Rafaelle Lorgeril‘s shots are not natural or stolen, they are finely constructed with the aim of moving the deepest part of ourselves.
Rafaelle Lorgeril is a young French photographer specialising in editorial and fashion photography. In her shots the make-up, which does not stop at natural make-up, but includes artistic make-up with rhinestones, colours and sequins applied to the face, and the props are as important as the models.
Thanks to this attention and care for detail, Rafaelle Lorgeril’s photographs stand out for their strong aesthetic sense, but her talent does not end there.
In fact, despite the construction of the shots, the images also have a powerful emotional charge and end up being melancholic and sensual. Instead of hindering the reading, the elements that fill the scene help the viewer empathise with the subjects.
Very young and talented, Kelly Saylor is only 19, studying in Portland and knows exactly where she wants to go. In fact, despite her young age, Kelly has not only figured out what her greatest passion is, she has also figured out how to approach and live her journey.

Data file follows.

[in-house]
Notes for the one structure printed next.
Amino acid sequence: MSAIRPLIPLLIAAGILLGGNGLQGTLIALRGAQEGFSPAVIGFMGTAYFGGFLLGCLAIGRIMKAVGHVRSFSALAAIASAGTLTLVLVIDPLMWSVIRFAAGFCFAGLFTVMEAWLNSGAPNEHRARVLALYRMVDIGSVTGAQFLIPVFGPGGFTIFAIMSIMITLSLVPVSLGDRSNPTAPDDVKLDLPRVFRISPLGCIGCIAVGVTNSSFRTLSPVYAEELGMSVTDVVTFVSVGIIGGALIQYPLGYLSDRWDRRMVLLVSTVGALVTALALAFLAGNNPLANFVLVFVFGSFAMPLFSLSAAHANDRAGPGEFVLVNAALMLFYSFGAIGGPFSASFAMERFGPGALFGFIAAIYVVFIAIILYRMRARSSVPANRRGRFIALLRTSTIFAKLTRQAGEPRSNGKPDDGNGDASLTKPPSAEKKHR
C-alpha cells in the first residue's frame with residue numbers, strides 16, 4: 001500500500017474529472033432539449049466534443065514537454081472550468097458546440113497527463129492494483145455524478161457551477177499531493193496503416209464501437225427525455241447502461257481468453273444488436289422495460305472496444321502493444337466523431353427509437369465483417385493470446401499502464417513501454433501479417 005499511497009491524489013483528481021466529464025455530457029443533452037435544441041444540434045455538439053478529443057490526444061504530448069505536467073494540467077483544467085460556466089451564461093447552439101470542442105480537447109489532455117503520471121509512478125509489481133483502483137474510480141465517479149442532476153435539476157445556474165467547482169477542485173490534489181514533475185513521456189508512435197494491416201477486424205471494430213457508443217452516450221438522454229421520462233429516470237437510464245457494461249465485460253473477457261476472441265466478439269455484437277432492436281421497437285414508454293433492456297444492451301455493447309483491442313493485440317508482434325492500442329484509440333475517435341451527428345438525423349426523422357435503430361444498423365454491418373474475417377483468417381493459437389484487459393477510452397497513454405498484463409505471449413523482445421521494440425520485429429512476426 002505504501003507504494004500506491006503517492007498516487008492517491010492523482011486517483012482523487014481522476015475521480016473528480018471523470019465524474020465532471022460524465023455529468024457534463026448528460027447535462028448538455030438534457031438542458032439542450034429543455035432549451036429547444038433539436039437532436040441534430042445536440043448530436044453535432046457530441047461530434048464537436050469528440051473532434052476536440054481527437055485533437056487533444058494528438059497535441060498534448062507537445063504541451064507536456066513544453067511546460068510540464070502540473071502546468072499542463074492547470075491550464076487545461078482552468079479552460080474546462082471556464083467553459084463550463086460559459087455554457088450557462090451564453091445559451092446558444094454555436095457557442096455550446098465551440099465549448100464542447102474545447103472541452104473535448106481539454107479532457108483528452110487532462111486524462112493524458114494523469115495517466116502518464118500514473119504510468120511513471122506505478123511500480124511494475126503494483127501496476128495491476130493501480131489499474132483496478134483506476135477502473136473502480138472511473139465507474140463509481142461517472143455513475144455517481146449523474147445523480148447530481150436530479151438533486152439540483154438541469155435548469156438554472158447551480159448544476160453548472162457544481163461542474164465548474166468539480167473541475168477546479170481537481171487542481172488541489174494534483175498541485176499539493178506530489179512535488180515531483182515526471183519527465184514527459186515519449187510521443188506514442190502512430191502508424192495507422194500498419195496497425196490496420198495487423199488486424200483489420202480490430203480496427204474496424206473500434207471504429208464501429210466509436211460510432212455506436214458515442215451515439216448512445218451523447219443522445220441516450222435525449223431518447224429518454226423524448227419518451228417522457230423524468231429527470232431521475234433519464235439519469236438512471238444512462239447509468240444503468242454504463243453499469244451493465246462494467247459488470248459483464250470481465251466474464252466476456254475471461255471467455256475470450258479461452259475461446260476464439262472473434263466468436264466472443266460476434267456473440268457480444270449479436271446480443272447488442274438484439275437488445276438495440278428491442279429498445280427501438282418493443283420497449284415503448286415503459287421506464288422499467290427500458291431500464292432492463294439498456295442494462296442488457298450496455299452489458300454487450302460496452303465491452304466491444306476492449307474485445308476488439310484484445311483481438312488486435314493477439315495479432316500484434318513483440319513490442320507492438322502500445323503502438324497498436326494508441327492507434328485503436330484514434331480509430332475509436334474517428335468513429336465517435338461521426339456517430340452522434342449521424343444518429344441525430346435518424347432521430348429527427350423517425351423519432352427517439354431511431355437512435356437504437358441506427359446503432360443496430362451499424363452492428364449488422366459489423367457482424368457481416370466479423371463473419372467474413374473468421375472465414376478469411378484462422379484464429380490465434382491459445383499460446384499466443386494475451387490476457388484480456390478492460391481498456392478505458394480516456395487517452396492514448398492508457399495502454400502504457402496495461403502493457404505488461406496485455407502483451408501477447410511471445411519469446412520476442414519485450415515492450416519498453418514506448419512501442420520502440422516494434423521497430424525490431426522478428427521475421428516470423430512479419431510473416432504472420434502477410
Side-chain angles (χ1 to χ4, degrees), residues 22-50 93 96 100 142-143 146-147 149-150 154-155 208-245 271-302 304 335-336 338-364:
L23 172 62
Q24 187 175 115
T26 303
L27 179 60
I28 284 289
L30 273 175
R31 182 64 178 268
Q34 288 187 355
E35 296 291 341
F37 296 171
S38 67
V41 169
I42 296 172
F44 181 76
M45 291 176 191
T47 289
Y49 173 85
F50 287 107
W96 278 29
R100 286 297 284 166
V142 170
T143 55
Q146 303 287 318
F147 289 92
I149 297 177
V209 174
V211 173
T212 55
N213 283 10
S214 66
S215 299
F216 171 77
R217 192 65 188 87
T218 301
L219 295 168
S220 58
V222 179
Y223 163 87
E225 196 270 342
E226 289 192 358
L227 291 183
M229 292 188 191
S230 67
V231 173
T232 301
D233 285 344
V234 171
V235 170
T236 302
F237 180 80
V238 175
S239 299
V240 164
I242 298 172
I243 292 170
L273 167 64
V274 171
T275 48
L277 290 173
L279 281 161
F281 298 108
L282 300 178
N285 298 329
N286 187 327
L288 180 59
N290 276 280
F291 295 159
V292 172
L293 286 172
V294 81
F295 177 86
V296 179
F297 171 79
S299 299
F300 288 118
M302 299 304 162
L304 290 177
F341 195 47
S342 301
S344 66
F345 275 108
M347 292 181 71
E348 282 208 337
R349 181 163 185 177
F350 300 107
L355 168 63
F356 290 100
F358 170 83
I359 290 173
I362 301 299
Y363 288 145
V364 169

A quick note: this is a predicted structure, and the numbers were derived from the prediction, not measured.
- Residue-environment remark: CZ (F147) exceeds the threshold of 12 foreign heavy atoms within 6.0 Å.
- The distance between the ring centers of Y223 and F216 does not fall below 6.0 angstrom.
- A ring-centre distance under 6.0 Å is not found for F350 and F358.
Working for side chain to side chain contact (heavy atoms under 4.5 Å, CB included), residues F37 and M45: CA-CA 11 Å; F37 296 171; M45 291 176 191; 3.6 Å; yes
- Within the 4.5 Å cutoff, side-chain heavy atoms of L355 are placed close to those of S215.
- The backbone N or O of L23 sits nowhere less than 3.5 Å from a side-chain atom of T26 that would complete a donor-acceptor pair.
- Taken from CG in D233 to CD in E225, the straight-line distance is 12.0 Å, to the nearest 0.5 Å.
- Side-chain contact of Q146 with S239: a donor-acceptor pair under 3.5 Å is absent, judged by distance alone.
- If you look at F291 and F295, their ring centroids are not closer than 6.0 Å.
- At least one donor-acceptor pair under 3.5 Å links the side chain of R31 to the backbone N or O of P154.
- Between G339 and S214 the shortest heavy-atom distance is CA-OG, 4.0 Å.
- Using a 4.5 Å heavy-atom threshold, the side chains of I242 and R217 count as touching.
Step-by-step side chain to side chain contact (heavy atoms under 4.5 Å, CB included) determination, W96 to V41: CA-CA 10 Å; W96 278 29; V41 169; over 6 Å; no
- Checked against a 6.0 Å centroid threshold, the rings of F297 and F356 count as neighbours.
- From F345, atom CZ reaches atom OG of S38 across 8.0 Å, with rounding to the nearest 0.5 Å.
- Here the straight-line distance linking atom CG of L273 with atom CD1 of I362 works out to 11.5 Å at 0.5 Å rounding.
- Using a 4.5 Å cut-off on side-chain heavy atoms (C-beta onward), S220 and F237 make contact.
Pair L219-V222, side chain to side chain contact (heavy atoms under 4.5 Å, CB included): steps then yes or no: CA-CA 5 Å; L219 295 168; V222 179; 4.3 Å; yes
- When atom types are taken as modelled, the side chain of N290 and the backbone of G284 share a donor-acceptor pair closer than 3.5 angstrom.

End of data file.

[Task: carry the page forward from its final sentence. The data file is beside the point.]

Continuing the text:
Aware of her age, of the fact that she still has many years to experiment and change, the photographer is still looking for a definite style, but this is certainly not an obstacle. Nor was the last year spent mostly at home.
In fact, before the pandemic, Kelly Saylor’s favourite subject was her friends, capturing their expressions and movements. When called upon to stay indoors, the young photographer didn’t let the situation overwhelm her and started pointing her lens at herself, creating a series of stunning self-portraits.
As Kelly herself points out, her work, whether portraits or self-portraits, always revolves around the concept of identity: I try to portray my concepts with bold colors and textures, I really want to engage and draw people in with this defined style.
Not only fashion photography, Matthieu Delbreuve‘s portfolio also features portraits and photographs of urban landscapes. Matthieu Delbreuve is a Paris-based photographer who only came to photography after studying Fine Art and Graphic Design, a background that gave him an insight into the technical aspects involved in the layout of editorials.